tax system, or an extra £2.3 billion compared with introducing this band at £150,000 as proposed by the previous chancellor'


Why stop there? Surely a 60 or 65, even an 83% rate, will mean that those 'most able' bear the brunt of funding the banks' as well as the state's recklessness? The implicit assumption that penal taxation rates are desirable, and that great wealth must somehow have derived from exploitation is one of the more distasteful aspects of the entire report.Tthe report makes the contrast in terms of the international environment with 1981 when comparing Osborne's budget with that of Howe, but ignores the fact that Labour mobility is far greater now than it was then. You can't tax people that are not resident in your jurisdiction, and the idea that people earning 100K are not just going to say 'screw you' and flee to a significantly higher number of countries now than in 1981 which have lower tax rates and a higher quality of life is really a gamble.

Van Patten said...

Taken, again, from the '£100 billion gamble'

'Fifth, increase the tax payable (higher multipliers)for houses in Council Tax bands E to H.This would raise a further £4.2 billion.'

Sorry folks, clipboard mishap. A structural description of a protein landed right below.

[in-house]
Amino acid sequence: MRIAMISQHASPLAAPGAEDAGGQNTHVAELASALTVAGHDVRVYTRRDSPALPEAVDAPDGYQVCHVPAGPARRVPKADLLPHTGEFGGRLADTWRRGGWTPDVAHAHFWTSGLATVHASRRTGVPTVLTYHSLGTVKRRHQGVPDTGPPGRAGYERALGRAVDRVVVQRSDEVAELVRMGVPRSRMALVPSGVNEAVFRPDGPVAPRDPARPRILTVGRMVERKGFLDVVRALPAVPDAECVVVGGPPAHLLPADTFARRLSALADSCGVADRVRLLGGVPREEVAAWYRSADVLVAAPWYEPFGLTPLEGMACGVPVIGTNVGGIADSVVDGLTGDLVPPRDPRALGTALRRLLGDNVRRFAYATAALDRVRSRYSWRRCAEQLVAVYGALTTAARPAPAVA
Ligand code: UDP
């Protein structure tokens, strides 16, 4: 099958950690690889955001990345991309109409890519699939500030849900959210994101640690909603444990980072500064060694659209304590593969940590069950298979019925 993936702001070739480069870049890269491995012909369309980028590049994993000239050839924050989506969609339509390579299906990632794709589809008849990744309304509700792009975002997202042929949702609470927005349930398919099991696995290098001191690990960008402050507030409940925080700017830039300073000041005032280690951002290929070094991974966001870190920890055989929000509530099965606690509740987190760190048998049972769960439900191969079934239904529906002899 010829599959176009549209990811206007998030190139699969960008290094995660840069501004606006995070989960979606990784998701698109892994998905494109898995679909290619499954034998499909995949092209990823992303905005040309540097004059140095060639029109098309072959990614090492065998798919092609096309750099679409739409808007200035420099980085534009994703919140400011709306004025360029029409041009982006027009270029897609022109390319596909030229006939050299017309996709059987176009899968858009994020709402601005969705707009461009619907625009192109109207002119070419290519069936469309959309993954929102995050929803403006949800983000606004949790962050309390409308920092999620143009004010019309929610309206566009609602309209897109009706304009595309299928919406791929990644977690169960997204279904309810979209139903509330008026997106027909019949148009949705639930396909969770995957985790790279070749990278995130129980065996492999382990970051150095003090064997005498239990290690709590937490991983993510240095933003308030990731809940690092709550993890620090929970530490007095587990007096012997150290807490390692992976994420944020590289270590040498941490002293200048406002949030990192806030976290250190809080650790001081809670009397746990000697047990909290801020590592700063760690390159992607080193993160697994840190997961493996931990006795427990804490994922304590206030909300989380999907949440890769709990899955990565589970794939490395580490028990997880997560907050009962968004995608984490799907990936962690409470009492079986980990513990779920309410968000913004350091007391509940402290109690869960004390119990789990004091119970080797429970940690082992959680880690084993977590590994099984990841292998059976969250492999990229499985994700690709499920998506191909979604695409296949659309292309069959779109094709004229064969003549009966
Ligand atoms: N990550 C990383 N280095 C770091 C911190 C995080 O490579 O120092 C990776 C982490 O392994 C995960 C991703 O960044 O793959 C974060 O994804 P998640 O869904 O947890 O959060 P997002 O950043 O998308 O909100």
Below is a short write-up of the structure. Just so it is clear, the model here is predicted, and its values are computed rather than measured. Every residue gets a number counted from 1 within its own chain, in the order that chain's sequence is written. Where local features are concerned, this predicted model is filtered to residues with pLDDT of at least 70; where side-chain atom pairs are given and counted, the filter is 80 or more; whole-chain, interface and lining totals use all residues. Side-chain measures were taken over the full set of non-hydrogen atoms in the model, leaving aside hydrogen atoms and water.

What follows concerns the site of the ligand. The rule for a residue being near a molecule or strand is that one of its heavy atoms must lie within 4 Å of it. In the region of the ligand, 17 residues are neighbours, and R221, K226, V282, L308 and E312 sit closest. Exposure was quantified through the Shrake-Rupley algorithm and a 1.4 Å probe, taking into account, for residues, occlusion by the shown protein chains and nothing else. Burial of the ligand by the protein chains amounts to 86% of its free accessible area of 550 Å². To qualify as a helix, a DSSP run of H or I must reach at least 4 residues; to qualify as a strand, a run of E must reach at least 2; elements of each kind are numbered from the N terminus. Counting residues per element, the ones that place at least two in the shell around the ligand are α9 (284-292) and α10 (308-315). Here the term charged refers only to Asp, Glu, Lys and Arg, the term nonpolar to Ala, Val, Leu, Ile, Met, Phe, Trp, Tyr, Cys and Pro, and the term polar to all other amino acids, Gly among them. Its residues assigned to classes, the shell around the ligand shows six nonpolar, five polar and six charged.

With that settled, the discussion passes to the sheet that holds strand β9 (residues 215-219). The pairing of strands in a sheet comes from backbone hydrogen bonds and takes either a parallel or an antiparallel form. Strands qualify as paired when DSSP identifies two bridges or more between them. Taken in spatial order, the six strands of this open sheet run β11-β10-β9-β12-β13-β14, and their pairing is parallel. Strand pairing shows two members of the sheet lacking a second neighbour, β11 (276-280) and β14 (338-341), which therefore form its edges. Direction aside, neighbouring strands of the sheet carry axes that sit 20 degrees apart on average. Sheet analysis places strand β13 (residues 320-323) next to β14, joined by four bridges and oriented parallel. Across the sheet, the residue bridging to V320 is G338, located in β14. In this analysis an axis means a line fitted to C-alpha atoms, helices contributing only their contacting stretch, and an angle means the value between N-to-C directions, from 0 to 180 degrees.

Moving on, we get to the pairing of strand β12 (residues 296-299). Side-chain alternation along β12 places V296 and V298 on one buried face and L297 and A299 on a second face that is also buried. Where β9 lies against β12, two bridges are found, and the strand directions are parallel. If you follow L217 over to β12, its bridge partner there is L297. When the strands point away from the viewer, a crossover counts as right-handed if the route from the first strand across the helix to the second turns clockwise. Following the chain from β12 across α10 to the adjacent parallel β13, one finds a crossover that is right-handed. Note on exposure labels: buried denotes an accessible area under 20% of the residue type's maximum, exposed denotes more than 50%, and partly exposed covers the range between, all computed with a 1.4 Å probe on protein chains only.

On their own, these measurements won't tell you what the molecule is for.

Ok, so one of the most exhilirating, and from a left wing perspective probably outrageous pieces of blatant demagoguery was a two page spread in one issue of the Mail on Sunday. Back in 2003, a man named David Richards became the first 'Council tax martyr'. He refused to pay the super- inflationary rates of council tax rates that had been imposed by South Devon Council, arguing that his fixed income made such increases an impossible burden. He relented when threatened with imprisonment(I quote, 'I don't want to cost the taxpayer three square meals a day'), but the Mail on Sunday made much of his service in the Merchant marine during World War 2, and skilfully planted a story regarding the ongoing benefits paid to either Abu Qatada or Abu Hamza on the opposite page. Blatantly appealing to prejudice perhaps, but in a way undermining your case that the state bares none of the blame for the current crisis.